Island species are particularly vulnerable to extinction. This may be due, in part, to a relative inability of inbred island species to combat parasites. The Bahamas consists of hundreds of islands that are home to over 350 species of birds, of which 150 are common. Surveys conducted over the past century provide basic information concerning the diversity and distribution of the Bahamian avifauna, yet little is known about the parasites of these birds. Our research in the Bahamas has two major aims:
(1) Characterize the parasites of Bahamian birds. To do this, we are actively collecting, identifying, and quantifying the parasitic lice and mites of Bahamian birds (primarily songbirds). Once birds are captured in mistnets, we take several morphological measures, sample ectoparasites from their plumage and sample blood to survey for haemoparasites parasites. We then release the birds (unharmed). Parasites specimens will be deposited in PIPeR and other collections around the world. Molecular data obtained from bird and parasite specimens will be used to understand patterns of host-parasite biogeography, divergence across this island archipelago (as we have done in other systems in the past).
(2) Determine how Bahamian birds combat parasites. Birds combat ectoparasites in many different ways. Many species of birds have a small overhang at the tip of their bill that is used to remove and crush parasites found in their plumage when they preen. All else being equal, birds with overhangs that are too short, or overhangs that are too long, are not as good at combating parasites. Some species of birds have diets that preclude the formation of an overhang for optimal parasite removal. For example, some nectivorous birds, such as the bananaquit (Coereba flaveola), have little or no bill overhang. At the opposite extreme, raptors have large overhangs that are used for tearing meat. We are investigating whether these species are effective at controlling parasites. We are also investigating alternative morphological and behavioral defenses that these species may use to defend themselves against parasites.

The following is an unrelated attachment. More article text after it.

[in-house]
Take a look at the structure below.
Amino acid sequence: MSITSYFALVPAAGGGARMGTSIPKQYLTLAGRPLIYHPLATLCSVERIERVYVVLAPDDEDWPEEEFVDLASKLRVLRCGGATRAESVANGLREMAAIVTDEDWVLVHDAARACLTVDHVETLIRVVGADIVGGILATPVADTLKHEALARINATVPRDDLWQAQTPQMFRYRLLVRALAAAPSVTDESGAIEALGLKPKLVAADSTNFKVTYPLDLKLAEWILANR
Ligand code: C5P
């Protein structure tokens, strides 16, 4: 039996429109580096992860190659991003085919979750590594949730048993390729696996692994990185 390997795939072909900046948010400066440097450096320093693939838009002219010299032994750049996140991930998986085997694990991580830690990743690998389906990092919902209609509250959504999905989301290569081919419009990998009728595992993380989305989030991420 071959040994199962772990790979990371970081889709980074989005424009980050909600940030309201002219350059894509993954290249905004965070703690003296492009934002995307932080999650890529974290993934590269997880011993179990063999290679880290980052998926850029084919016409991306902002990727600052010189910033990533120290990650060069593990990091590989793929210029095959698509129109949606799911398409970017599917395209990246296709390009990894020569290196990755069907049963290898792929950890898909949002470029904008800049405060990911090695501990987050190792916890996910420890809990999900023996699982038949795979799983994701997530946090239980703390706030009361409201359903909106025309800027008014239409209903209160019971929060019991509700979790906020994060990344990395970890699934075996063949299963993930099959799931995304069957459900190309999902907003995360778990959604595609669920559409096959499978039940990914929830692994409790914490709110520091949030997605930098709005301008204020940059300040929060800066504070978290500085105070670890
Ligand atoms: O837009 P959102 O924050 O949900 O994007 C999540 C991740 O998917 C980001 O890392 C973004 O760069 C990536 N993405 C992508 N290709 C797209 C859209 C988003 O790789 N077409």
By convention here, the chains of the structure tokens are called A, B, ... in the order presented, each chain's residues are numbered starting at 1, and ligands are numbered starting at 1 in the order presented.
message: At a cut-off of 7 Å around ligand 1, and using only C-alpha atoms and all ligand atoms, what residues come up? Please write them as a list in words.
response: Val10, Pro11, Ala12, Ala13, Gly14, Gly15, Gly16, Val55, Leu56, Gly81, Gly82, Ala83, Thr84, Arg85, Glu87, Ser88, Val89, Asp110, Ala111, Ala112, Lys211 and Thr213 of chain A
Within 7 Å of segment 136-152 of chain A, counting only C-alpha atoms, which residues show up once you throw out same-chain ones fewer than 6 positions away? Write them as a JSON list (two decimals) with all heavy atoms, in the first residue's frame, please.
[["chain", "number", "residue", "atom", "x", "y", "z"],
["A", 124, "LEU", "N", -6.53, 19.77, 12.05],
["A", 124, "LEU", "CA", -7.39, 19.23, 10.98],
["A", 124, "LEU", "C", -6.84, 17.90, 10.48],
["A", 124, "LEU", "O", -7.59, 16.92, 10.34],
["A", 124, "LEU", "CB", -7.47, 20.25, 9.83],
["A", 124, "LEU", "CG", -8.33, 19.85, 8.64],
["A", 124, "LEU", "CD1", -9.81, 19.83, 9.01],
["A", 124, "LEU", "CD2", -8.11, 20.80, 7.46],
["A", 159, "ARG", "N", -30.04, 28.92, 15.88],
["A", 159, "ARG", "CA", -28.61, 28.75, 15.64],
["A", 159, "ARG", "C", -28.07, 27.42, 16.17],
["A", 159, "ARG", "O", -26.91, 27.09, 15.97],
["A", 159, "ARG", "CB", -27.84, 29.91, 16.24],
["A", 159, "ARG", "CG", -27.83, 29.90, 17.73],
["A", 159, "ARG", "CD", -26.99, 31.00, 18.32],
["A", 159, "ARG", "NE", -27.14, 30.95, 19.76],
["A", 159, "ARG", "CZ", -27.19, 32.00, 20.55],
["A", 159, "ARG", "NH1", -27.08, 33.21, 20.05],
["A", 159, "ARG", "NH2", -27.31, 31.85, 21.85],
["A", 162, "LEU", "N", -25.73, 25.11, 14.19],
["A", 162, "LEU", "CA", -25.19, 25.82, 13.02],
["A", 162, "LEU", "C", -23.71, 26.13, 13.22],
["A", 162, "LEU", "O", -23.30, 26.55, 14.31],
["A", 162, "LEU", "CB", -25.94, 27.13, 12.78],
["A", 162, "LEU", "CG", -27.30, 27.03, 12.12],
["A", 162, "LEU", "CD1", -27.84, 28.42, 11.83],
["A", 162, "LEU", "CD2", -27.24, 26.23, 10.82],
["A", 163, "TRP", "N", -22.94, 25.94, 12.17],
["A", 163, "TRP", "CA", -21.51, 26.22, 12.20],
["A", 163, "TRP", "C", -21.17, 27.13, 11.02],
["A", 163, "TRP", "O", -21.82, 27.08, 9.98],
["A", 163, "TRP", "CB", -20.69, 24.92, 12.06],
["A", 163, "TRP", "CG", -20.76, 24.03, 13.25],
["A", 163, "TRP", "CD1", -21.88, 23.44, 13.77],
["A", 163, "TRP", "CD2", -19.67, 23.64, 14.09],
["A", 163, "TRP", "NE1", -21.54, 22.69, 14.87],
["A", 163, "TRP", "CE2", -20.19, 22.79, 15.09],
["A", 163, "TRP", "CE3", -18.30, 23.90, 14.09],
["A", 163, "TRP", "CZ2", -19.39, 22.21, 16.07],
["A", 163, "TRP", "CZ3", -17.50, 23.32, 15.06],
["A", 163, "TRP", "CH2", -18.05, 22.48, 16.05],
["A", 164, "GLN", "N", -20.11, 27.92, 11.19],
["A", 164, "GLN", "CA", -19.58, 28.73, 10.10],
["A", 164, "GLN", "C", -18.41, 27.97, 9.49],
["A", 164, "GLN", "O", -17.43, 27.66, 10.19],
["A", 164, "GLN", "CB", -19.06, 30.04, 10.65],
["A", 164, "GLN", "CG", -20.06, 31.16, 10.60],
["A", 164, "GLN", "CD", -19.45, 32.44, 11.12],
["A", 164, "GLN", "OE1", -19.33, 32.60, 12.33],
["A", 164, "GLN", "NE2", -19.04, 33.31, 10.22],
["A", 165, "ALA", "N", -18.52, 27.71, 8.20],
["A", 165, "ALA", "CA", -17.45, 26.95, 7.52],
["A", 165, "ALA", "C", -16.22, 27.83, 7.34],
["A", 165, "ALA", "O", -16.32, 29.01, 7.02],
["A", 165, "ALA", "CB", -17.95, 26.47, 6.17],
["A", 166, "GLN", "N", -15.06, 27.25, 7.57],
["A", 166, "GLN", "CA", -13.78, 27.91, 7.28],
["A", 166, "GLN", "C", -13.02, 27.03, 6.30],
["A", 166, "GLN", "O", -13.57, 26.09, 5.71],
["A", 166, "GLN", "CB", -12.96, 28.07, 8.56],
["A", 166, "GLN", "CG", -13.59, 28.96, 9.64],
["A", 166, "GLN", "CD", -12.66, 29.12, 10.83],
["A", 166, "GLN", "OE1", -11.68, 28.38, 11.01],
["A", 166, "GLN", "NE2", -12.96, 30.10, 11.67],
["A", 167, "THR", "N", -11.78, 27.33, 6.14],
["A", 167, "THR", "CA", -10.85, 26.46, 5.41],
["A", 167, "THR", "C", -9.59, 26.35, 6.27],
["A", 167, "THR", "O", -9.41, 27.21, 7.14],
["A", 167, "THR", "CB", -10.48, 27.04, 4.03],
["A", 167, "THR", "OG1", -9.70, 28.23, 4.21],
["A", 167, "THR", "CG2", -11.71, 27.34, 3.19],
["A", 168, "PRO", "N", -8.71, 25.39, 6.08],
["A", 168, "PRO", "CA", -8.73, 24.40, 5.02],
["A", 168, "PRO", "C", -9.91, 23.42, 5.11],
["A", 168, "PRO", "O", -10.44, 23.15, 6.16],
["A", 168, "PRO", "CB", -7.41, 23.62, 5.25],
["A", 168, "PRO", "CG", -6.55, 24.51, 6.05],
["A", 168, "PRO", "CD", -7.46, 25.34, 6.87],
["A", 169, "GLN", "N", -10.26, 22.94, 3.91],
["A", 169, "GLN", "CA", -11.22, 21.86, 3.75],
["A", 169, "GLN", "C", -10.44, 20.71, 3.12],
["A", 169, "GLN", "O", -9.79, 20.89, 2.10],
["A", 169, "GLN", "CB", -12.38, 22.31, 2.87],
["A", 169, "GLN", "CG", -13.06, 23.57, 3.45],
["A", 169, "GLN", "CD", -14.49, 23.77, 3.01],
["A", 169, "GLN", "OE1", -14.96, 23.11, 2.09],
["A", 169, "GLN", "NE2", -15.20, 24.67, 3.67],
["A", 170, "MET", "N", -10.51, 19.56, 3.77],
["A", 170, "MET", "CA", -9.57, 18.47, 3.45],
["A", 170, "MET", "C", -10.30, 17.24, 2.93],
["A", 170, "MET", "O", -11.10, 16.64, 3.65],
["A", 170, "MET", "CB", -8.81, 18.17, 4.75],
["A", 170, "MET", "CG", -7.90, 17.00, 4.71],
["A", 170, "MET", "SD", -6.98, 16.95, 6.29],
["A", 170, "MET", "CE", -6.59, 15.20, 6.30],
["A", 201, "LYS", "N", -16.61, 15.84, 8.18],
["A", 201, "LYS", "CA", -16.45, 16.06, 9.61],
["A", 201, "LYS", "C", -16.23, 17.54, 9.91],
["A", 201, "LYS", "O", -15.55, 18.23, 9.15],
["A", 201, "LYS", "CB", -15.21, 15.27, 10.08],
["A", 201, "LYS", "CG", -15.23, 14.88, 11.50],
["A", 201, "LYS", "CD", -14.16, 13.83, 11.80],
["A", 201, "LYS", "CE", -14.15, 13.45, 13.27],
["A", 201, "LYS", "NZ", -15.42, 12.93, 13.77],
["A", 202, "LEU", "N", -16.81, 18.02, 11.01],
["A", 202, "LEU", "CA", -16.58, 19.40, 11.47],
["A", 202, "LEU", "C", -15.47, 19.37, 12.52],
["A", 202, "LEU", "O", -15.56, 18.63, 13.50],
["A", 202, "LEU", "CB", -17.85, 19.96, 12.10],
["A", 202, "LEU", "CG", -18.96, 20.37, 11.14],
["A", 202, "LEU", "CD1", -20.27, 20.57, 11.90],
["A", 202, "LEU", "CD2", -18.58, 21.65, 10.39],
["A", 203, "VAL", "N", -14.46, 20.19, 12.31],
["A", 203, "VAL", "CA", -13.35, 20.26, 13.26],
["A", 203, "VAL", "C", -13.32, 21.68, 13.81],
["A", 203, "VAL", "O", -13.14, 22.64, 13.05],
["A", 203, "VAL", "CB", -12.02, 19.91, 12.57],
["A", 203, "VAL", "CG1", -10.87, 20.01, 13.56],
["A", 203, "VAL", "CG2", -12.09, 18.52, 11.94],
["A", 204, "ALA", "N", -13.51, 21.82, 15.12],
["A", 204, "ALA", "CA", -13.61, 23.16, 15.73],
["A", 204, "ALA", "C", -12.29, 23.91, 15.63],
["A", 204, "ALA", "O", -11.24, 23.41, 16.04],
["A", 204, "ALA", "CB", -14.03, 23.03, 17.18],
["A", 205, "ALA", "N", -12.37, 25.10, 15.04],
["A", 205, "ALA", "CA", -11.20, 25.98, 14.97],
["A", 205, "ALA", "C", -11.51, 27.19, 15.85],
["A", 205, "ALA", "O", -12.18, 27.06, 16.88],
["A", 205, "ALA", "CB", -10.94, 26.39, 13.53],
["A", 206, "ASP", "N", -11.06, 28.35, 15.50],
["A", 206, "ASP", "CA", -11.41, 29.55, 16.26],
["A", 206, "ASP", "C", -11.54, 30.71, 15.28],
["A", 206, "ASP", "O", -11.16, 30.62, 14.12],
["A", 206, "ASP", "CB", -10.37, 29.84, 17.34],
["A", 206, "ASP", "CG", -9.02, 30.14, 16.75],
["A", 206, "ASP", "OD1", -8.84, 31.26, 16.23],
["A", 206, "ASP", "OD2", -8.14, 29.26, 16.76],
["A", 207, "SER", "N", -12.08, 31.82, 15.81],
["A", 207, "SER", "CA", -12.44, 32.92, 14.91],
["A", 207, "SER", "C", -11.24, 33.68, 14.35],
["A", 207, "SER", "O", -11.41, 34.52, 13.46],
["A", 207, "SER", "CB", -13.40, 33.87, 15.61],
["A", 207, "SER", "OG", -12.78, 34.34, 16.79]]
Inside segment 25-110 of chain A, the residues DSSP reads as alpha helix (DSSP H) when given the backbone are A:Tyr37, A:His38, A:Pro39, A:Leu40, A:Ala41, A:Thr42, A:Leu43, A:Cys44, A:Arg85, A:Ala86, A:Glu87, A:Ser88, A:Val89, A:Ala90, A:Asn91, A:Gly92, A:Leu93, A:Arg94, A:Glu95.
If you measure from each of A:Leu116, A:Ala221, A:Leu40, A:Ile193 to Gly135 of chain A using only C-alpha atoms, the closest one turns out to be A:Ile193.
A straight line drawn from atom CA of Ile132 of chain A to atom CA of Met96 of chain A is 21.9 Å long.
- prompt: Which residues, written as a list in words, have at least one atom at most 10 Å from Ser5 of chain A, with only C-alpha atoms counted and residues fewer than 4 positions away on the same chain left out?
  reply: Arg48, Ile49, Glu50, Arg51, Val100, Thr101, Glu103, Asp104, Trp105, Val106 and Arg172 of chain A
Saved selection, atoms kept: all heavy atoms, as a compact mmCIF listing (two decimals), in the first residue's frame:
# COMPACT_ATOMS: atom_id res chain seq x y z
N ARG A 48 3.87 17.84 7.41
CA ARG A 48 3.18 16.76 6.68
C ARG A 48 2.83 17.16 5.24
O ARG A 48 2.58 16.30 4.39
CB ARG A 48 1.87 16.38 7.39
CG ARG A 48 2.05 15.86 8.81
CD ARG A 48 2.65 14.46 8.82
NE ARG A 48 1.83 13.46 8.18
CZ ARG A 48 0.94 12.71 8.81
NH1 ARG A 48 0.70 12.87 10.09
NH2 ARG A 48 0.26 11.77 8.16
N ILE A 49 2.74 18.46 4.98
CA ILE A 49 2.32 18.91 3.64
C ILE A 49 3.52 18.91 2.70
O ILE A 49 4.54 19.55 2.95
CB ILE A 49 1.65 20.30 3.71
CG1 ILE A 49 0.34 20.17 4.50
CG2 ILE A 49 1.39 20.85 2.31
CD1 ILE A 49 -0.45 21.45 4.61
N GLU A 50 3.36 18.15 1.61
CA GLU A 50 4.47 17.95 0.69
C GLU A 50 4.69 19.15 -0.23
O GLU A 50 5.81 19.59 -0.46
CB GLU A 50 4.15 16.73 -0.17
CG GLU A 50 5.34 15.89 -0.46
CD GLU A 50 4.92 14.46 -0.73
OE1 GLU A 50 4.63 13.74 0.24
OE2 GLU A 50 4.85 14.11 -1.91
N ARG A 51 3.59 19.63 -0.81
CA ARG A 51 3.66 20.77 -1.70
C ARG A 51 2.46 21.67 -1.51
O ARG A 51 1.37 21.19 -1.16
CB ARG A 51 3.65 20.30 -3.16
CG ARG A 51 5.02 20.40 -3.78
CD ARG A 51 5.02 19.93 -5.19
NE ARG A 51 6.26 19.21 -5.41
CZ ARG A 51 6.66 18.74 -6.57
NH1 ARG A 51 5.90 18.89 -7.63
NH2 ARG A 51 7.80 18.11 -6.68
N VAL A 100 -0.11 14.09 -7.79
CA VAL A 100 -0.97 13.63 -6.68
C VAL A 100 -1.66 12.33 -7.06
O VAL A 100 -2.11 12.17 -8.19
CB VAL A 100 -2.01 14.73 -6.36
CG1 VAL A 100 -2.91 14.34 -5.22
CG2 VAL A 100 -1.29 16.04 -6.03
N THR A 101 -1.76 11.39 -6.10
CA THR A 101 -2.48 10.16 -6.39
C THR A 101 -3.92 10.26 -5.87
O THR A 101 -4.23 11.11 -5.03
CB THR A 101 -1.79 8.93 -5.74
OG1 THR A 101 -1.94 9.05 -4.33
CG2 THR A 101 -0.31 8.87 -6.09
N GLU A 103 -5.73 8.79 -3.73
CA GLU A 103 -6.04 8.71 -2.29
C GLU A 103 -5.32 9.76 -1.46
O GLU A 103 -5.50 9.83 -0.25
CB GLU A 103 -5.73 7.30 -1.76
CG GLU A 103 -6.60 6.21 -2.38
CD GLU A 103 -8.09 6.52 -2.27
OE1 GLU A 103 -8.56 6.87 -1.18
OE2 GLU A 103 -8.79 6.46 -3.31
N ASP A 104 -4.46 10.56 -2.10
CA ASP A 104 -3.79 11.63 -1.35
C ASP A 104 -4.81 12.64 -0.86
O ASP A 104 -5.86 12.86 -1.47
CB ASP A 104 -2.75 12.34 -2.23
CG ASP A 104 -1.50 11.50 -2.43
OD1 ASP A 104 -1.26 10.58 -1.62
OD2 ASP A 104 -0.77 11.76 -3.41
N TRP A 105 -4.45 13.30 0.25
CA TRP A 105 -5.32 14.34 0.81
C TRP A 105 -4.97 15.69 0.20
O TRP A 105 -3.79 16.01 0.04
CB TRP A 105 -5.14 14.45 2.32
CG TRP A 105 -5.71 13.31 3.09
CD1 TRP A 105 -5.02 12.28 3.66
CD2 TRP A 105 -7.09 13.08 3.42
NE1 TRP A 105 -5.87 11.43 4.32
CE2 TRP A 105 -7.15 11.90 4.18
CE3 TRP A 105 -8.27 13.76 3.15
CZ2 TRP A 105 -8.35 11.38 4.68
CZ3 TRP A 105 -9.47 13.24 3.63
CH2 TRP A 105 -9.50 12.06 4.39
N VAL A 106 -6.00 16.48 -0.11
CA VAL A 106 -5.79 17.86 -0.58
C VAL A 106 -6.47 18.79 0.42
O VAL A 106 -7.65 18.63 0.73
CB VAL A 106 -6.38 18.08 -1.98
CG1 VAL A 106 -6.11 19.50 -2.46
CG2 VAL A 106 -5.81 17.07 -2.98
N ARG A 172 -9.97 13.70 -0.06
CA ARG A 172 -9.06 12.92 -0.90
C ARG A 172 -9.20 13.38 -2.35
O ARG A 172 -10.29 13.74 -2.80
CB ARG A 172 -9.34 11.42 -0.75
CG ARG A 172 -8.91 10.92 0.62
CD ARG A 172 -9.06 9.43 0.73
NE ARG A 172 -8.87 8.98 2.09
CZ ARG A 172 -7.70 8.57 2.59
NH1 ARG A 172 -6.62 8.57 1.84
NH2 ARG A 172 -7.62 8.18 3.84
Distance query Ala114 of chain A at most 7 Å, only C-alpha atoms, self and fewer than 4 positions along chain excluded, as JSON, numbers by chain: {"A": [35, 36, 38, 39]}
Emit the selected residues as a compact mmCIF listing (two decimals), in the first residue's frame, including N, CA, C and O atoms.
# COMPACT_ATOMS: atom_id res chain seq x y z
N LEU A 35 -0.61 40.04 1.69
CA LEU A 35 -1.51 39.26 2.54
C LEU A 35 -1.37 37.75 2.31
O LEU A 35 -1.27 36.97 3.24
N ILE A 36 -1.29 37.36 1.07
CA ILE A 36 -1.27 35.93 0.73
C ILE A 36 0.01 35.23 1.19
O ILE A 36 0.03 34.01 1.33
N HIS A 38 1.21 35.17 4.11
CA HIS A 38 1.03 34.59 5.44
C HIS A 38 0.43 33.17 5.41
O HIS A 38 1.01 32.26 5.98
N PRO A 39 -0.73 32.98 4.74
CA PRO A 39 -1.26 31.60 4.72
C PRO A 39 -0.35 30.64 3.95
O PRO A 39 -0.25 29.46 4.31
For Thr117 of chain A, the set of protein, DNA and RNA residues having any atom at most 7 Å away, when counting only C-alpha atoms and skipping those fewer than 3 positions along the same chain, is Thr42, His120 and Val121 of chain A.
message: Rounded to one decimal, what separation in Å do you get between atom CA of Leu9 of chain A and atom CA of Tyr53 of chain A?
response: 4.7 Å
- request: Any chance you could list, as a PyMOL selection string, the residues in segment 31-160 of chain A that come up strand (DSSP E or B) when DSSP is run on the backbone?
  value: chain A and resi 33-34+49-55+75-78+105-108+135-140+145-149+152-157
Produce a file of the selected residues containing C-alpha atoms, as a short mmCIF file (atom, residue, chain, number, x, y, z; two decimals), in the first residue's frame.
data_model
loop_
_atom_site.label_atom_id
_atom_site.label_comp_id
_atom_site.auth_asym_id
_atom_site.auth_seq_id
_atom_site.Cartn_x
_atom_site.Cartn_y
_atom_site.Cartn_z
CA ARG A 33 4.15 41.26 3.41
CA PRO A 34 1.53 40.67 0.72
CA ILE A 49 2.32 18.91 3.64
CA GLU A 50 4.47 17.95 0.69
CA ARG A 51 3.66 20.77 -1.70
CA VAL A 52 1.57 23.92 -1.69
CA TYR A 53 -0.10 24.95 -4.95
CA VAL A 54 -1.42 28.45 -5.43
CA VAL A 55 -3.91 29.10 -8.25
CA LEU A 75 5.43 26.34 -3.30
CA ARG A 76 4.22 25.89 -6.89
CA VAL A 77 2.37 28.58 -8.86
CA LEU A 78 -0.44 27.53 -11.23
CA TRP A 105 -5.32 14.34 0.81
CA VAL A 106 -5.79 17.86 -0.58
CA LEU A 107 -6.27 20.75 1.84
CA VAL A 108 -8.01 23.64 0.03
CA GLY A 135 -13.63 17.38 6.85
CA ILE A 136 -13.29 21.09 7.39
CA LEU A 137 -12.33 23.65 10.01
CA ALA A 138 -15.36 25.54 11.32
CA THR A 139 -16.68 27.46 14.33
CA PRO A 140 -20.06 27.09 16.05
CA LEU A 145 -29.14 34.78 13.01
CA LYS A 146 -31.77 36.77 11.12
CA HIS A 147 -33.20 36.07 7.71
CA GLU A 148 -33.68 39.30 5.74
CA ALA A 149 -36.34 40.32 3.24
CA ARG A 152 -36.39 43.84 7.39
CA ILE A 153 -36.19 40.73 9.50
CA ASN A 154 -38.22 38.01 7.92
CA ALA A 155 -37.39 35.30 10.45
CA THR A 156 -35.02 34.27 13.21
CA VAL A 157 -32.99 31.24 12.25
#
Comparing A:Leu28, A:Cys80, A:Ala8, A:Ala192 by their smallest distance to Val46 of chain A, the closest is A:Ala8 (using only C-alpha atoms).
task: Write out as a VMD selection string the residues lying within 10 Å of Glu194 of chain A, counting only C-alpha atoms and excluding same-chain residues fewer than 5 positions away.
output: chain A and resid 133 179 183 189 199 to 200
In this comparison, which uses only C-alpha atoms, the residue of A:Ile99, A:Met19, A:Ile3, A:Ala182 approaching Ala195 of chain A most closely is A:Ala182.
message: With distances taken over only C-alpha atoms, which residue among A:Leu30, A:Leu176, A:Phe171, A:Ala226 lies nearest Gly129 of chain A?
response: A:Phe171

Our main base in the Bahamas is the Gerace Research Centre (GRC), on the north end of the island of San Salvador (see maps).
Although most field days consist of moving around the island to survey birds, bird parasites, and quantify bird behavior, some days we cool off by snorkeling in the harbour to see other wildlife in the area. Here are out trusty field assistants Austin (left) and Sonora (center) showing additional wildlife in the area. One of the dozens of Green Sea Turtles (right) that live in the harbour near the Gerace Research Centre. (Photo by Sonora Clayton).
Please note that the PDFs are for personal use only, definitive versions are available from the publishers.
Villa S.M., Koop J.A.H., Le Bohec C., and Clayton D.H. 2018. Beak of the pinch: anti-parasite traits are similar among Darwin’s finch species. Evolutionary Ecology 32:443-452. PDF.